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ARS Home » Pacific West Area » Albany, California » Western Regional Research Center » Crop Improvement and Genetics Research » Research » Research Project #434430

Research Project: Molecular Genetic Tools Advancing the Application of Biotechnology for Crop Improvement

Location: Crop Improvement and Genetics Research

2019 Annual Report

The long-term goal of this project is to develop useful biotechnology tools that enable the effective and precise genetic improvement of crop plants. Specifically, during the next five years we will focus on the three following objectives: Objective 1: Generate new molecular tools and new genetic strategies for effectively introducing and pyramiding multiple disease defense genes into citrus and potato to combat Huánglóngbìng and Zebra Chip diseases along with other priority traits. Objective 2: Identify and characterize new transcriptional control sequences (promoters and terminators) chosen for the precise control of gene transcription (tissue and/or developmental/environmental specificity) in crop plants containing single or multiple transgenes. Objective 3: Develop new methods that permit ARS biotechnology tools to be used for germplasm improvement in prioritized target crops and varieties. Subobjective 3A: Examine the capacity of the GAANTRY gene stacking system to enable the assembly and transfer of large arrays of sequences into transgenic plants. Subobjective 3B: Design and deploy a site-specific recombinase system that enables targeted transgene integration and marker removal in crop plants.

Candidate plant defense response genes will be introduced into potato and citrus plants using established methods for Agrobacterium–mediated transformation. The defense genes will either be constitutively expressed throughout the plant or expressed specifically in the phloem, the site of infection. Ten or more independent events for each candidate defense gene will have their susceptibility to zebra chip (in potato) or Huánglóngbìng (in citrus) evaluated. Candidate promoters with useful cell-type/organ expression specificities will be identified from crop plants. The candidate promoters will be fused to a reporter gene and transformed into rice, using Agrobacterium and/or other established transformation methods. Novel transcription terminator sequences will also be isolated from crop plants and fused to a reporter gene. The functionality of these promoter and terminator testing constructs will be examined in transient expression assays and stably transformed transgenic plants. Reporter gene expression levels will be quantitatively measured in major organs and compared to identify the sequences that provide the highest levels of transgene products while preserving promoter expression specificity. Plant molecular biological techniques will be used to further develop sophisticated biotechnology tools and methods for the improvement of crops. Transformation constructs of various large sizes (greater than 20 kilo base pairs) will be assembled using the site-specific recombinase-based GAANTRY gene stacking system. These constructs will be evaluated for their stability in bacteria and used to generate transgenic plants. The resulting genetically engineered plants will be molecular characterized to determine the effective capacity of the gene stacking technology. In parallel, technology enabling targeted integration and precise marker removal in transgenic plants will be developed and evaluated. “Exchange” T-DNA vectors will be constructed and transformed into “target” transgenic plants. Selection and molecular screening will be used to identify plants in which the incoming DNA has replaced the original transgenic locus (Recombinase-Mediated Cassette Exchange or RMCE). The efficiencies of different combinations of the unidirectional recombinases in performing RMCE will be compared.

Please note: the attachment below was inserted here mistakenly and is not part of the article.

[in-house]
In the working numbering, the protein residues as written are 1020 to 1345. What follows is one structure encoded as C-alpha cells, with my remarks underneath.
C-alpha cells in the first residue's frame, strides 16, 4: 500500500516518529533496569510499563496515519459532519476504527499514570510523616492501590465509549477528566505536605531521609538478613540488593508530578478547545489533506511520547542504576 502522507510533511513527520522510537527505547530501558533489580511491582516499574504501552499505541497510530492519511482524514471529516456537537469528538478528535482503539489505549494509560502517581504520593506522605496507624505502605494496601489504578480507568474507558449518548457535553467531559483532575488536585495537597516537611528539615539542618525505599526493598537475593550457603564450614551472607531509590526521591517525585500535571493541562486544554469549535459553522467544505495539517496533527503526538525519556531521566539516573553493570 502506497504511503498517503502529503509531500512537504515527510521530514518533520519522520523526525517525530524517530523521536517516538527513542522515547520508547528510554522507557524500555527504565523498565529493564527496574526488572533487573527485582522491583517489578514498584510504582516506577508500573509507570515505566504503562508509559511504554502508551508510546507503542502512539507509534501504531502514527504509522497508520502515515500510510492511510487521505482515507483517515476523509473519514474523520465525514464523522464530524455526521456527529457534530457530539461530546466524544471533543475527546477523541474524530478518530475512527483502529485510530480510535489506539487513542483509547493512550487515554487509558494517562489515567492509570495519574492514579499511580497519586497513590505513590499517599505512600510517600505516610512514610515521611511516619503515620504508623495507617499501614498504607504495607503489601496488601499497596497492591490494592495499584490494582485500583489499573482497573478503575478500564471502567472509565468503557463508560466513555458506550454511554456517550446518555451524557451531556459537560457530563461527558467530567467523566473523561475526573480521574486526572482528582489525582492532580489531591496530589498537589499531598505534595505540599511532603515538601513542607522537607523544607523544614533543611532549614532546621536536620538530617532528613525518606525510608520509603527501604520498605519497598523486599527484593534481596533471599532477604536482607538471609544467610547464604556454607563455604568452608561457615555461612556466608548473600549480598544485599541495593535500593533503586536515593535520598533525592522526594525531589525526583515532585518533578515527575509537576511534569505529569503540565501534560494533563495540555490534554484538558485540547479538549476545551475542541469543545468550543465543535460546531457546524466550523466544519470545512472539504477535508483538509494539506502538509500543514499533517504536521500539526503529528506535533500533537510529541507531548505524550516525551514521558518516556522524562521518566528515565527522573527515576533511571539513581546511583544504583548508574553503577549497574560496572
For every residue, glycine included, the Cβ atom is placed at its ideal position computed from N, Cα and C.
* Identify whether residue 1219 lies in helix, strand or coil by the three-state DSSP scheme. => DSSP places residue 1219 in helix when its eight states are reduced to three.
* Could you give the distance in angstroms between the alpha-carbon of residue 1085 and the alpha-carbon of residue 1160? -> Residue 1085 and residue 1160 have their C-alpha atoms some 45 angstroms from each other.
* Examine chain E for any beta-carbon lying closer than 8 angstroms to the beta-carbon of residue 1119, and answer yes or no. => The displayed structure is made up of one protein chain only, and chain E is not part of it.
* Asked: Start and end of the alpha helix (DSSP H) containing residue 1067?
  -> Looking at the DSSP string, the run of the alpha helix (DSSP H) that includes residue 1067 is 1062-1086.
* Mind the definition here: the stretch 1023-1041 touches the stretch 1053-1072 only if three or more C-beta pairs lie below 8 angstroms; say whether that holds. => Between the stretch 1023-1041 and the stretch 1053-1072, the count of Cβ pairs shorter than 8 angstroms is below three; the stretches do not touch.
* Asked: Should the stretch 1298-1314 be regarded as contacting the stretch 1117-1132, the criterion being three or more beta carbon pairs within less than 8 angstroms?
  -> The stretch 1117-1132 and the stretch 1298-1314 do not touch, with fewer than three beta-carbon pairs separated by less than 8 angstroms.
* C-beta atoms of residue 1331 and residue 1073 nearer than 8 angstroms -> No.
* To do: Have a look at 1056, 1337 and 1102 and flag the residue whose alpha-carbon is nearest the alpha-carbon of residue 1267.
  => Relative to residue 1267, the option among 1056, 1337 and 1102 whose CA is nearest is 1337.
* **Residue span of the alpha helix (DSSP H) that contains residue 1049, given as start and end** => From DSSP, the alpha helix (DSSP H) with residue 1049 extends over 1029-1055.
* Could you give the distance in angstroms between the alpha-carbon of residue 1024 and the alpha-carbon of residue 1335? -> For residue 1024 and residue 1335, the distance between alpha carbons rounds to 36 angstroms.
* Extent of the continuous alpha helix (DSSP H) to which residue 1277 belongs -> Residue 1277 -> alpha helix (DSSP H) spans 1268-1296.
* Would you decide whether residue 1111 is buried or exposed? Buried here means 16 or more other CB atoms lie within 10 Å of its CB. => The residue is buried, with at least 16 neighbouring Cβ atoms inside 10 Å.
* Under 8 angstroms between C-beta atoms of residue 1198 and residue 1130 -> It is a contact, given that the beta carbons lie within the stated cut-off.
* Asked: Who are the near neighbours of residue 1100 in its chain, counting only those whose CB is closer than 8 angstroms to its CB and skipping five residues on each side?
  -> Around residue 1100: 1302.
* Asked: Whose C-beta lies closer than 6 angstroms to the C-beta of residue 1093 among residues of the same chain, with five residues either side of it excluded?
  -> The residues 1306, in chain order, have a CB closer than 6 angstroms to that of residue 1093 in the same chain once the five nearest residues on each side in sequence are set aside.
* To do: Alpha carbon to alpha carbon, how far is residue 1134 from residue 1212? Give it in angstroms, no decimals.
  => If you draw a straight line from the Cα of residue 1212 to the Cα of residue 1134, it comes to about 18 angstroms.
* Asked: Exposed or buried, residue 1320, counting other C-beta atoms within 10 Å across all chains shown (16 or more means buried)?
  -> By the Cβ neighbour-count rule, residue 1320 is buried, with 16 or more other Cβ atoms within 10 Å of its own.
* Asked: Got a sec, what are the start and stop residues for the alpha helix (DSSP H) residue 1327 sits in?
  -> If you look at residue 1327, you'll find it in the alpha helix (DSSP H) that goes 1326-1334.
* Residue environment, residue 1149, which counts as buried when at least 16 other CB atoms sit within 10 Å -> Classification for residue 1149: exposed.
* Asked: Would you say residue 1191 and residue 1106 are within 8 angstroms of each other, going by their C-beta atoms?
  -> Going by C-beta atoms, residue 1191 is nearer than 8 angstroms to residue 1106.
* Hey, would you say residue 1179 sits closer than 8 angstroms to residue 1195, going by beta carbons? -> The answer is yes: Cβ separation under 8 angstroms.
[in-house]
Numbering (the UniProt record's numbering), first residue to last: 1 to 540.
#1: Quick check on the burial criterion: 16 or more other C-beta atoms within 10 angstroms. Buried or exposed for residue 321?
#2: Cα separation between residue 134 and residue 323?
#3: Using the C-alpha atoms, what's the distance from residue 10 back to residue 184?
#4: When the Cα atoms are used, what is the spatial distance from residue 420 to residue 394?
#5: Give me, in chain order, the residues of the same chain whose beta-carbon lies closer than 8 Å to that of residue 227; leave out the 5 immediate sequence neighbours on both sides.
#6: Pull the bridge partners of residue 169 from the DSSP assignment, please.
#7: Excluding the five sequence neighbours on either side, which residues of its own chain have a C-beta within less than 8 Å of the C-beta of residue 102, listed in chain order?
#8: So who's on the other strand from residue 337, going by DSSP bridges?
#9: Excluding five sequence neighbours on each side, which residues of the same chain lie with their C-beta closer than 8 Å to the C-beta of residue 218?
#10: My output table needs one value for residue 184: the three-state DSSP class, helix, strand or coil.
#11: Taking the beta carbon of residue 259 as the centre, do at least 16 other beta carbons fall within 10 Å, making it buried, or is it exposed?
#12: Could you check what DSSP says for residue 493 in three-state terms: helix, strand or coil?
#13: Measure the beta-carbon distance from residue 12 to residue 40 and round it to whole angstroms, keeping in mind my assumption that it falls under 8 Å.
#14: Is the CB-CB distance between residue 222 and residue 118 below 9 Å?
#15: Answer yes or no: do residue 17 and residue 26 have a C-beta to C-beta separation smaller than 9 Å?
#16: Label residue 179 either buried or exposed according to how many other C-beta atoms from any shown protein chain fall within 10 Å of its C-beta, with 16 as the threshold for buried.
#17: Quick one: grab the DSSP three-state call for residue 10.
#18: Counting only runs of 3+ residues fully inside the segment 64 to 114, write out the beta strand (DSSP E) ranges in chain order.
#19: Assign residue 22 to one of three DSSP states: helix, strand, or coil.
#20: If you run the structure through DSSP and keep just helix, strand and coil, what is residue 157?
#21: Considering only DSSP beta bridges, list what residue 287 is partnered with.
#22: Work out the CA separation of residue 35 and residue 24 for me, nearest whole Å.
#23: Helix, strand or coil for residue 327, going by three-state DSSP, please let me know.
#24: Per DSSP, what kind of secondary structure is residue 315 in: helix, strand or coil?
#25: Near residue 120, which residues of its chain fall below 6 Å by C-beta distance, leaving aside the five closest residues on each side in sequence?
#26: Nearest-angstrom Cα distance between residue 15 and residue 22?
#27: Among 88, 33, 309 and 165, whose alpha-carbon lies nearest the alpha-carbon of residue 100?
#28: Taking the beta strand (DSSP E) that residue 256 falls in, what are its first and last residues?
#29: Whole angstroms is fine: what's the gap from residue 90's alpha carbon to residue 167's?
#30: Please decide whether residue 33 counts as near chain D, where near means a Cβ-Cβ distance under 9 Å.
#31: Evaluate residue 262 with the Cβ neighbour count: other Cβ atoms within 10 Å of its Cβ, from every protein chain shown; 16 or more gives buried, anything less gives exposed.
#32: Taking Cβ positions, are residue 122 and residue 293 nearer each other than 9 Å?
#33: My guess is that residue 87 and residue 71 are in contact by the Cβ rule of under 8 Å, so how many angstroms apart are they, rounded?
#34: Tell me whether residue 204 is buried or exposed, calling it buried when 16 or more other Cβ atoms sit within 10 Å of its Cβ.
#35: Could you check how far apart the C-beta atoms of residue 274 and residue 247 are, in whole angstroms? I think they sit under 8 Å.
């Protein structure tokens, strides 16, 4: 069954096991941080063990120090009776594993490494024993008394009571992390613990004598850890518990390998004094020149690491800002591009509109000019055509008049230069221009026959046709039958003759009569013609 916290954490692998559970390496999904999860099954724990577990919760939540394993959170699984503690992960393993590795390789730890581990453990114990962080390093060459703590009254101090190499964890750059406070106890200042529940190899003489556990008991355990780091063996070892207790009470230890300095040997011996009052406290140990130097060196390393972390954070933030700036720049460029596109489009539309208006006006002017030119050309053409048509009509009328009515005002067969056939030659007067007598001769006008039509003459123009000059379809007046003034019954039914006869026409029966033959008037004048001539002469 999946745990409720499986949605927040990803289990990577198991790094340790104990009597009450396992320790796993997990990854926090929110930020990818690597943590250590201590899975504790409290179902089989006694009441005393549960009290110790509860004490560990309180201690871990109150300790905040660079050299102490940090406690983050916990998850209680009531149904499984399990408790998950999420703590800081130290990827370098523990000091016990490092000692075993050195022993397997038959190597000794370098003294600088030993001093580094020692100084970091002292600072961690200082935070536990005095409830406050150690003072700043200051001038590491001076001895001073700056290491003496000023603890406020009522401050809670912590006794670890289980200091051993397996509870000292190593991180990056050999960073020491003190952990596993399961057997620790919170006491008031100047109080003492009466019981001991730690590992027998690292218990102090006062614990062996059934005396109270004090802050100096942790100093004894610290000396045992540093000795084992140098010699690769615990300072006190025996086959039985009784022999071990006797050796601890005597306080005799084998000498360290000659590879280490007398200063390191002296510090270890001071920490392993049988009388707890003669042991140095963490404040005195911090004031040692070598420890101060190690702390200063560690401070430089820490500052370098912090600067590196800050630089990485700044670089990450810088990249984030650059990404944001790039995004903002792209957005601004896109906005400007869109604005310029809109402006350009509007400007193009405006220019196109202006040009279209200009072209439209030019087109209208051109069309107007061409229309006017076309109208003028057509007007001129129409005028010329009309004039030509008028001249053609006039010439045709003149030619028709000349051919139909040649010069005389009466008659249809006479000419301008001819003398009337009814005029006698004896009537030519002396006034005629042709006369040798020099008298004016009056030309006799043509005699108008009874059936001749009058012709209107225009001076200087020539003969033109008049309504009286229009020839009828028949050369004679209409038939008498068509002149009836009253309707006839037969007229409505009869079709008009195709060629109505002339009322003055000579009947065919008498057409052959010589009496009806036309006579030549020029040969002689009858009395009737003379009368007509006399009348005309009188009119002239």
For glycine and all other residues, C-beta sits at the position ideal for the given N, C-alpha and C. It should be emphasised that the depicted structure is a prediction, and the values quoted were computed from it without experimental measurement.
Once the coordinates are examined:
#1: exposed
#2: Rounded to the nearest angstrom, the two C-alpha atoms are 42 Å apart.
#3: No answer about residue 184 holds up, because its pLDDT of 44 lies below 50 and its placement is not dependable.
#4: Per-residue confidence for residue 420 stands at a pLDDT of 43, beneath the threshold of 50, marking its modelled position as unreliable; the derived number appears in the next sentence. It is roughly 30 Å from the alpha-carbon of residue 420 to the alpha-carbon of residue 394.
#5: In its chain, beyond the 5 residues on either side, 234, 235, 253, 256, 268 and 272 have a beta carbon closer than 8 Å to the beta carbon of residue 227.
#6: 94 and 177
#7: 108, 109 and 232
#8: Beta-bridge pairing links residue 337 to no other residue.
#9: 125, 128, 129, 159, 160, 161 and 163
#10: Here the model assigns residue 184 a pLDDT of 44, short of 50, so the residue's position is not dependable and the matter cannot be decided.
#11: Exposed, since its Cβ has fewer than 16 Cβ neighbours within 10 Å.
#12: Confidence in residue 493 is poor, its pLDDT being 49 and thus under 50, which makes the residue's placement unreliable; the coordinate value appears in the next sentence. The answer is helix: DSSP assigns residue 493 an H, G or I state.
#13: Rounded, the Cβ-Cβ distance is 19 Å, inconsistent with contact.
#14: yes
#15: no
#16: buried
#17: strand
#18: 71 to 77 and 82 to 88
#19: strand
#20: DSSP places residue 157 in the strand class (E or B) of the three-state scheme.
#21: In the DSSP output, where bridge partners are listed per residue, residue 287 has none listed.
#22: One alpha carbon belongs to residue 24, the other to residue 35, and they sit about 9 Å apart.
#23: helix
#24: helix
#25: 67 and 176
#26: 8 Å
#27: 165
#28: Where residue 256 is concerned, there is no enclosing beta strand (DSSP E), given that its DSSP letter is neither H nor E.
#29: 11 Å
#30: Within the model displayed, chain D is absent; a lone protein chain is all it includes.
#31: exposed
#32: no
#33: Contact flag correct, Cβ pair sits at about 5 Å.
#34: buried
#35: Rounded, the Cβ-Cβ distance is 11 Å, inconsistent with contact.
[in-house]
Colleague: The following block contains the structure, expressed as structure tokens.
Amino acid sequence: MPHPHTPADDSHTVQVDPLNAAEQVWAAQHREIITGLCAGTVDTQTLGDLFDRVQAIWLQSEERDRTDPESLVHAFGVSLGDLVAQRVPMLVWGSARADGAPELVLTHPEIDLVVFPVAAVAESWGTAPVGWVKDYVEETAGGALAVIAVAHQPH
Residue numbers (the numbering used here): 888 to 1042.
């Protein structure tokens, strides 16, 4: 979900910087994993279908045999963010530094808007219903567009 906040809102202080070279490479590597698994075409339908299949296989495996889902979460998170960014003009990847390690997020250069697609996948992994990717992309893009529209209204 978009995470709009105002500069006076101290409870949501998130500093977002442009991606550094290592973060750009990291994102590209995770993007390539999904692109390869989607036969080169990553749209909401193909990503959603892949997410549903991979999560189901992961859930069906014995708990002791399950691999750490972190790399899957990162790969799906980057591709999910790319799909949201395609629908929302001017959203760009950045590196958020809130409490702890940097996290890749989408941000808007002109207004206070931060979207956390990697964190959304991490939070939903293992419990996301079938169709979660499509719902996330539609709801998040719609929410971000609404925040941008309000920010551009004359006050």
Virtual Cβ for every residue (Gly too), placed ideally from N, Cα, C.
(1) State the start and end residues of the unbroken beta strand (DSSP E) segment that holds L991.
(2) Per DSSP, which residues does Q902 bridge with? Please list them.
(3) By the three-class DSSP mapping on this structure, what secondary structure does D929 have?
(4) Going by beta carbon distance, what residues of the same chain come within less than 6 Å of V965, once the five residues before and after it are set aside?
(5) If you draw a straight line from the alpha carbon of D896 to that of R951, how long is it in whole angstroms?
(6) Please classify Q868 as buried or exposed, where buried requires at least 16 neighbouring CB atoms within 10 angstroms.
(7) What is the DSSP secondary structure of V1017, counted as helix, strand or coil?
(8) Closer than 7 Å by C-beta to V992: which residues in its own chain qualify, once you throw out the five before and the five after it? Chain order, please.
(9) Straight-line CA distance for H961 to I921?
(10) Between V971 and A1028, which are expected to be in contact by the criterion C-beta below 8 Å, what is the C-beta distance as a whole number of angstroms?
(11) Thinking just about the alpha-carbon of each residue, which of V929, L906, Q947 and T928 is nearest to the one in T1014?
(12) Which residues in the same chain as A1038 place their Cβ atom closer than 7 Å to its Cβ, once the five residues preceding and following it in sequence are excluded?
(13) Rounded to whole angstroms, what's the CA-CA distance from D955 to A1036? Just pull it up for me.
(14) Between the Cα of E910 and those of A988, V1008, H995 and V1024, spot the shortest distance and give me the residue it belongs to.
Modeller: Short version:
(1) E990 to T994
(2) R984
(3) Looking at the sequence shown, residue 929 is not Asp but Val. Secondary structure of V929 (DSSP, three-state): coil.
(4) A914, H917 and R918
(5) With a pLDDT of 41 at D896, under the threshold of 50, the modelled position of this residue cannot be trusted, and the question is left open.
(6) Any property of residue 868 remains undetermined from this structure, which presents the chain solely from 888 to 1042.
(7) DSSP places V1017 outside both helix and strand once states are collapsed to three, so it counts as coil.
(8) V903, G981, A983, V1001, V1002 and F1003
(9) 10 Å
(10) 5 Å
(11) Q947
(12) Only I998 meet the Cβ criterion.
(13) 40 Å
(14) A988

Progress Report